Daddies top a big week at the WOW.
It is normal for bands who are on the road to be out there supporting new recordings. What is not normal is for the WOW Hall to have so many shows in one week in which the artists have brand new releases out.
Not only that, the WOW Hall, 291 W. Eighth Ave., has a show every day this week. Seventeen bands will play the venue, not to mention four different dance events happening during the afternoons before the concerts.
On Thursday, the Cherry Poppin' Daddies are throwing a CD release party for "Skaboy JFK: the Shakin' Hits of the Cherry Poppin' Daddies."
Although it's mostly a collection of previously released material, "Skaboy" is great listening because its tracks are connected thematically by their ska roots and unrelenting energy.
Those of us for whom the idea of compiling a MP3 playlist to take to the gym already sounds like a workout will enjoy importing this whole compilation. In the gym, at home or at a concert, these are 12 songs to get sweaty to - and have fun while doing it.
The Daddies already had been at it for almost a decade when "Zoot Suit Riot" became a huge national hit. Before that single, Daddies' lead singer Steve Perry says in a news release that swing fans had been asking for a swing CD, so the Daddies responded.
"Skaboy" is a similar concession, but for the band's ska fans. With four new songs and eight from the group's back catalog, the CD covers ska in all forms: traditional (or bluebeat), two-tone, third-wave and some ska hybrids, the release says.
"Now, they can just throw a Cherry Poppin' Daddies record on without having to explain, and possibly apologize for, our eclecticism," Perry says in the release.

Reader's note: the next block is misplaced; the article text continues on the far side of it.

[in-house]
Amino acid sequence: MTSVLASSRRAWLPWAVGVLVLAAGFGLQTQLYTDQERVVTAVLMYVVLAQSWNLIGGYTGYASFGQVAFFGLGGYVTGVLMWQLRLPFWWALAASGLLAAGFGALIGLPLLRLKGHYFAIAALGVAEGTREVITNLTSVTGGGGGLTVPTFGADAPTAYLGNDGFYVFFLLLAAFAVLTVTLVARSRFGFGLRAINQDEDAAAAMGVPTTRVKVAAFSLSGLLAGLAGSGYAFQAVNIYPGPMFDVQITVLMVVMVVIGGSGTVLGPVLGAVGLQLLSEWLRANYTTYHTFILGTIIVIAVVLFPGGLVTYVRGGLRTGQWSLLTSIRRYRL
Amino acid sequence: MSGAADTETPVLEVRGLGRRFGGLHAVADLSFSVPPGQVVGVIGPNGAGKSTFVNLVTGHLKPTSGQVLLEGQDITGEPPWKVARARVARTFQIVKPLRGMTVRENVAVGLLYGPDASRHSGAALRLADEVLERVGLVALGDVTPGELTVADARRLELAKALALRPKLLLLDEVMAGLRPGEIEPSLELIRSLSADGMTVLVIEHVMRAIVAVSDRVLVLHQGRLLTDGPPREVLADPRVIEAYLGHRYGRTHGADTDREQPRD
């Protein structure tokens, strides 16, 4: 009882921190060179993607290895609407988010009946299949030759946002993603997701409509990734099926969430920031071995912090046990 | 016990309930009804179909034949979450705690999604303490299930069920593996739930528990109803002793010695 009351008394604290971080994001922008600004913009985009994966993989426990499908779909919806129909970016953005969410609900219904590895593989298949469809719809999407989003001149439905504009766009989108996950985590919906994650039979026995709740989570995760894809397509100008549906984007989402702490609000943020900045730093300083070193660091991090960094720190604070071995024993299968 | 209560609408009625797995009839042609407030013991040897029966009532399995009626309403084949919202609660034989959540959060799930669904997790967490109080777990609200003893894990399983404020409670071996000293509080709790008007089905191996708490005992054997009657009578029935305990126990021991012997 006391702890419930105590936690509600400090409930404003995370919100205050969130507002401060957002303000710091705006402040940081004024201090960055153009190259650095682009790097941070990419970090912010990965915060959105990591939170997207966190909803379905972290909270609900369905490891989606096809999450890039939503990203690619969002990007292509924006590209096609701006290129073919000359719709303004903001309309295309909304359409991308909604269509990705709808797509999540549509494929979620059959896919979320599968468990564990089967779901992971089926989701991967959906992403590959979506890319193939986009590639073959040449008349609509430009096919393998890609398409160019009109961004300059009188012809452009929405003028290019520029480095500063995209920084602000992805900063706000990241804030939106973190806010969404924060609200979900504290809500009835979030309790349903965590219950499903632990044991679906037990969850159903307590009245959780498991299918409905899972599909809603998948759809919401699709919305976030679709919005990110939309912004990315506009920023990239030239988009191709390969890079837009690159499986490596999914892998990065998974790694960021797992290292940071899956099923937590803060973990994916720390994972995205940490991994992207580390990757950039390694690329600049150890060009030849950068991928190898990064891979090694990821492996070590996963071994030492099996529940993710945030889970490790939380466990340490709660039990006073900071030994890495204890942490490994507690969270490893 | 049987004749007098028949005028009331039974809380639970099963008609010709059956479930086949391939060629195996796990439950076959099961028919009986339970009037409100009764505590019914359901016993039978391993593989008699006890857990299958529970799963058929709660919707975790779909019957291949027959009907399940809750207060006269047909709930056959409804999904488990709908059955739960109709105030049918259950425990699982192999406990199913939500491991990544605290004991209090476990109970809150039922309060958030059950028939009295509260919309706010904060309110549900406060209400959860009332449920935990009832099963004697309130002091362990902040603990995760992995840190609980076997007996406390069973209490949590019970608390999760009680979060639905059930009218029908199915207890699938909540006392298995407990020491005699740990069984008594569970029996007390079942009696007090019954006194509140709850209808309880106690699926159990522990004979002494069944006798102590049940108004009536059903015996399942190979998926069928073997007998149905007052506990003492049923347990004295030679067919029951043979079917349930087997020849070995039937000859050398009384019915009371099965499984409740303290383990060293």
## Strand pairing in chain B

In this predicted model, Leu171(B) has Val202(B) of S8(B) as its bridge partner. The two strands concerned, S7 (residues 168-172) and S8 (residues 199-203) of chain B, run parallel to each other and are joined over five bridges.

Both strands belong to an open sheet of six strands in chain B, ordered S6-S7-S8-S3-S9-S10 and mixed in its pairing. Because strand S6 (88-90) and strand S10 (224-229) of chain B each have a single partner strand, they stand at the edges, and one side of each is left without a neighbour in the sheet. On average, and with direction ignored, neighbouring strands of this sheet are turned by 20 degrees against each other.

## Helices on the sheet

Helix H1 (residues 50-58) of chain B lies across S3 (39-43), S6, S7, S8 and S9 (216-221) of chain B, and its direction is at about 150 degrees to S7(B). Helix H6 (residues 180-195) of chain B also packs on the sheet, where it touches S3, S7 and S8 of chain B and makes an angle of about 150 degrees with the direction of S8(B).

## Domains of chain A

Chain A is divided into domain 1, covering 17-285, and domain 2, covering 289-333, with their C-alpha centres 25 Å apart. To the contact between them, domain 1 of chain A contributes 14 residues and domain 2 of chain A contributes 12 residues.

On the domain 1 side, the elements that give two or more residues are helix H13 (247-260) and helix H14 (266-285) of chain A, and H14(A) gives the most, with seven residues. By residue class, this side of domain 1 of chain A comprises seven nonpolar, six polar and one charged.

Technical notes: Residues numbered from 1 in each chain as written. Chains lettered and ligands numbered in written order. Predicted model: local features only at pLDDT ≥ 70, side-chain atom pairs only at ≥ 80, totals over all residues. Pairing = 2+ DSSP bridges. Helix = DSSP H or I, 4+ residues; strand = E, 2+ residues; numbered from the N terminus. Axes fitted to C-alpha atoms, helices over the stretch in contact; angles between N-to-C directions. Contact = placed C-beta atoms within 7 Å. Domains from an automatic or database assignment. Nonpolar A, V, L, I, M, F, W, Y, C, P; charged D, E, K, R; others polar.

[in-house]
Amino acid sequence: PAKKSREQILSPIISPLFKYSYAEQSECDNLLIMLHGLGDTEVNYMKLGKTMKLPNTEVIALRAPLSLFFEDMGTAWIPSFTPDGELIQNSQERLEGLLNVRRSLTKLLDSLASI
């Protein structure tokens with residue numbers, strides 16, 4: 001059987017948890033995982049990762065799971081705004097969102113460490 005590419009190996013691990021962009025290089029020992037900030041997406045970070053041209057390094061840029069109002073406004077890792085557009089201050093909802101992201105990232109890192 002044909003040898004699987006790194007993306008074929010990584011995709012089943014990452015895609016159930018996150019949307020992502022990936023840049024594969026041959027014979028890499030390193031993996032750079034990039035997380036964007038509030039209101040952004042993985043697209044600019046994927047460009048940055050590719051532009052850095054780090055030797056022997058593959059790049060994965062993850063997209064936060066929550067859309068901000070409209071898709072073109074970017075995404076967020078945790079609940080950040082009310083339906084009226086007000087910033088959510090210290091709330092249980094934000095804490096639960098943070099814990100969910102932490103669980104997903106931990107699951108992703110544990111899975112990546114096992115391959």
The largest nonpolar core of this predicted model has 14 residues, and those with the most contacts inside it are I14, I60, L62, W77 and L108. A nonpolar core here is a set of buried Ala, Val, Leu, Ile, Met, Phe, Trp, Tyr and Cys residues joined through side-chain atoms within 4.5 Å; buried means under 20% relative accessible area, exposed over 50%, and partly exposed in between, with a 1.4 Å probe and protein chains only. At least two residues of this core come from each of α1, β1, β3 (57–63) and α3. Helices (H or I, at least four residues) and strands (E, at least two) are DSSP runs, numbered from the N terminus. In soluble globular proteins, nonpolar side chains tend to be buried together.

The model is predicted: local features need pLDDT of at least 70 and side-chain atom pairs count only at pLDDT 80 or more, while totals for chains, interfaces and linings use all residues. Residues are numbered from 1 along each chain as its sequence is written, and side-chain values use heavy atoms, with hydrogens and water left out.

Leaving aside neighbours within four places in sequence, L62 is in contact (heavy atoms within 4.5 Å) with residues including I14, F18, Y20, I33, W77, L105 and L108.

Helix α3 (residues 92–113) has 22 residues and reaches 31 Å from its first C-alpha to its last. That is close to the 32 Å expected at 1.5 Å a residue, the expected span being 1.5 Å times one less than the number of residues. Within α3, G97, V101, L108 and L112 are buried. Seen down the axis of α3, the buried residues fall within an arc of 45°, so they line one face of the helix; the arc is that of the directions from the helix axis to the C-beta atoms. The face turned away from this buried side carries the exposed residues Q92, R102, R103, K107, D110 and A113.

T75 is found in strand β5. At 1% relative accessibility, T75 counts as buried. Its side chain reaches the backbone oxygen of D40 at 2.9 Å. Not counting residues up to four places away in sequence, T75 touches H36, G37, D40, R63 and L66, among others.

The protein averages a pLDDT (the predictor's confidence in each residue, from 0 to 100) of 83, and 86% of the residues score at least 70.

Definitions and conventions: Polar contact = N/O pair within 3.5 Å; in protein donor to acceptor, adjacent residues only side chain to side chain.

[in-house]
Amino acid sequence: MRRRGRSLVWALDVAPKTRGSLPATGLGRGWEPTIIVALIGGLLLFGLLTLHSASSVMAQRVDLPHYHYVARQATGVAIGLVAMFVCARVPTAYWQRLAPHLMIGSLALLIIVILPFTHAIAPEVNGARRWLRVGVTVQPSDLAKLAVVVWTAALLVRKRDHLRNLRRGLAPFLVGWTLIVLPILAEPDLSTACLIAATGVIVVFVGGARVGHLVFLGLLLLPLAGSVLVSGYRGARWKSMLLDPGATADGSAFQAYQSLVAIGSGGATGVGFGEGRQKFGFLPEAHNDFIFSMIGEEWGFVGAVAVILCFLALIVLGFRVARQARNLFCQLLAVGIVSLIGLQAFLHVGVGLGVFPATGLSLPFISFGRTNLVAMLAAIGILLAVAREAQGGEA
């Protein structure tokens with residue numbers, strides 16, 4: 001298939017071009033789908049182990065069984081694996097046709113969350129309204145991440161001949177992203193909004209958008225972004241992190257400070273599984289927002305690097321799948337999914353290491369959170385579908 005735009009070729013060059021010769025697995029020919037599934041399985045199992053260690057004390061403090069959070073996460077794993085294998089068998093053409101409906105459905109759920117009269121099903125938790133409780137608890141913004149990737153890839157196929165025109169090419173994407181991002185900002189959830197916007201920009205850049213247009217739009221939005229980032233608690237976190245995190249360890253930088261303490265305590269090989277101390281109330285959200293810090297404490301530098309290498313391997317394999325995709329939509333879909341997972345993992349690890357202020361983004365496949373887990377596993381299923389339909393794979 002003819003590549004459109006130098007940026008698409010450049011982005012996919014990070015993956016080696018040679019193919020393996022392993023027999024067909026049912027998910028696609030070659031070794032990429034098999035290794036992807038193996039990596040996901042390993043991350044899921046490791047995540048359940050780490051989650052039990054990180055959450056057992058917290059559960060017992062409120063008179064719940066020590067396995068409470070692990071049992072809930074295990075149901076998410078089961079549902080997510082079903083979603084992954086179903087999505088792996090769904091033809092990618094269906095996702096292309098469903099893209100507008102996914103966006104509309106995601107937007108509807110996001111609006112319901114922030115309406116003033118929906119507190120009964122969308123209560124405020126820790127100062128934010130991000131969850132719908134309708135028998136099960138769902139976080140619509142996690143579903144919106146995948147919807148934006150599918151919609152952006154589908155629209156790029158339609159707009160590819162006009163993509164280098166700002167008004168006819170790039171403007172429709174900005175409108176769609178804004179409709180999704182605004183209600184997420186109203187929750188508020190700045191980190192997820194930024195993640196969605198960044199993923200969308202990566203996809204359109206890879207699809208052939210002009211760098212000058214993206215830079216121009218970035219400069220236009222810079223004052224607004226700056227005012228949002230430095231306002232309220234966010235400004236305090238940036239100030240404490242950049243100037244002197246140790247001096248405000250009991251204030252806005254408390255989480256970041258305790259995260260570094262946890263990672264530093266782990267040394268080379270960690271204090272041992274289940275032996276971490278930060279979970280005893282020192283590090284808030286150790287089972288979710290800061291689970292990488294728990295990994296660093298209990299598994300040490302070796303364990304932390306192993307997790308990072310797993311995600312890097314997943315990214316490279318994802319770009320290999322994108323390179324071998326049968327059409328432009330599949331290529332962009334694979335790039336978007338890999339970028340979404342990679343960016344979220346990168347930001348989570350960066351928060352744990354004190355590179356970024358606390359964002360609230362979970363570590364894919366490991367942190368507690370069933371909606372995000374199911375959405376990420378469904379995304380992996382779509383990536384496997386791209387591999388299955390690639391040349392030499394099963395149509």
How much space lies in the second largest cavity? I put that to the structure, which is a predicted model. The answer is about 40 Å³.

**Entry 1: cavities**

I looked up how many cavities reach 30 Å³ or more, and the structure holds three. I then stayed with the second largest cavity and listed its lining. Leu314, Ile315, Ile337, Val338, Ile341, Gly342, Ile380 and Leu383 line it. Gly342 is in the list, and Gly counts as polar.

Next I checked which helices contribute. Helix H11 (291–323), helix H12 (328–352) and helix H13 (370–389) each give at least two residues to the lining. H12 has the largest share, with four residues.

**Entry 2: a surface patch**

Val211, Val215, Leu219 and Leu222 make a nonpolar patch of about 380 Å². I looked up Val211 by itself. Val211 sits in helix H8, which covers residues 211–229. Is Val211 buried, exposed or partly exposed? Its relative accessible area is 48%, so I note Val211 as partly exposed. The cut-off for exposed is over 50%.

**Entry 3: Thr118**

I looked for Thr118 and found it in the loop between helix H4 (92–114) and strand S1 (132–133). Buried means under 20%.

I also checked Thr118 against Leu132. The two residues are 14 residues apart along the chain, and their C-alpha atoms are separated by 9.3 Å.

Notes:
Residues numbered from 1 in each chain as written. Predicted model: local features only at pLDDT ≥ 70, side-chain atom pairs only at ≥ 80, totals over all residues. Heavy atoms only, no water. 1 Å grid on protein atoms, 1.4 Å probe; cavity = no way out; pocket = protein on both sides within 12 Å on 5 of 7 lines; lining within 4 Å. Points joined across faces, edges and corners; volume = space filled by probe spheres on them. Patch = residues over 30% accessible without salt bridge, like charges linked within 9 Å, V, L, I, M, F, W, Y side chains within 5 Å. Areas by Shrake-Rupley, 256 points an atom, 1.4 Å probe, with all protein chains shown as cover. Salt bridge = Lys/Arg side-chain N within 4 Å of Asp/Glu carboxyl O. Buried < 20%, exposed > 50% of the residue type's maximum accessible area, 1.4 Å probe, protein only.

The show starts at 9 p.m. Tickets are $15 in advance and $18 at the door.
The Daddies were one of the big names in the mainstreaming of swing in the 1990s. Meanwhile, deep down in the indie underground, Built to Spill was among the kings. And like the Daddies, that band never has stopped creating.
The Idaho group released its first studio album in three years, "There Is No Enemy," on Oct. 6. People seem to like it; even those often-harsh critics at Pitchfork Media gave it a 7.9 out of 10.
"Whether or not the words carry personal weight, (Doug) Martsch is singing convincingly from the perspective of someone thoroughly humbled by loss," the Pitchfork review says. When "Martsch finally fires up his shimmering, multihued guitar, the following extended solo workout feels both thrilling and earned."
The reviewer says it's "easily the best Built to Spill album of the decade."
Martsch opens the show at 8 p.m. with at DJ set, followed by support bands Finn Riggins and Disco Doom. Tickets are $22 in advance and $25 at the door.
Electric Six returns to the WOW Hall on Saturday with "Kill," which came out Oct. 20.
The Detroit rockers are known for using humor to write songs that lend themselves to wild live shows.
The video for the new song "Body Shot" is full of topless women of all shapes, sizes and skin colors, but it's difficult to figure out what the band's artistic ambition is for the song and video.
"Danger (High Voltage)" put the Midwest band on the map about six years ago, and it appears "Body Shot" is trying to mimic some of the elements that made "Danger" so amusing and successful. But the trick's already out (older women + sexuality = hilarious, right ).
The band probably puts on as entertaining a live show as always. But at least for me, the group needs to do something new to keep the act interesting.
On the Tundra opens at 9 p.m. followed by Millions of Brazilians and the Gay Blades. Tickets are $13 in advance and $15 at the door.
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|Title Annotation:||Ticket; The longtime local band touts new CD, as does Built to Spill and Electric Six|
|Publication:||The Register-Guard (Eugene, OR)|
|Date:||Nov 13, 2009|
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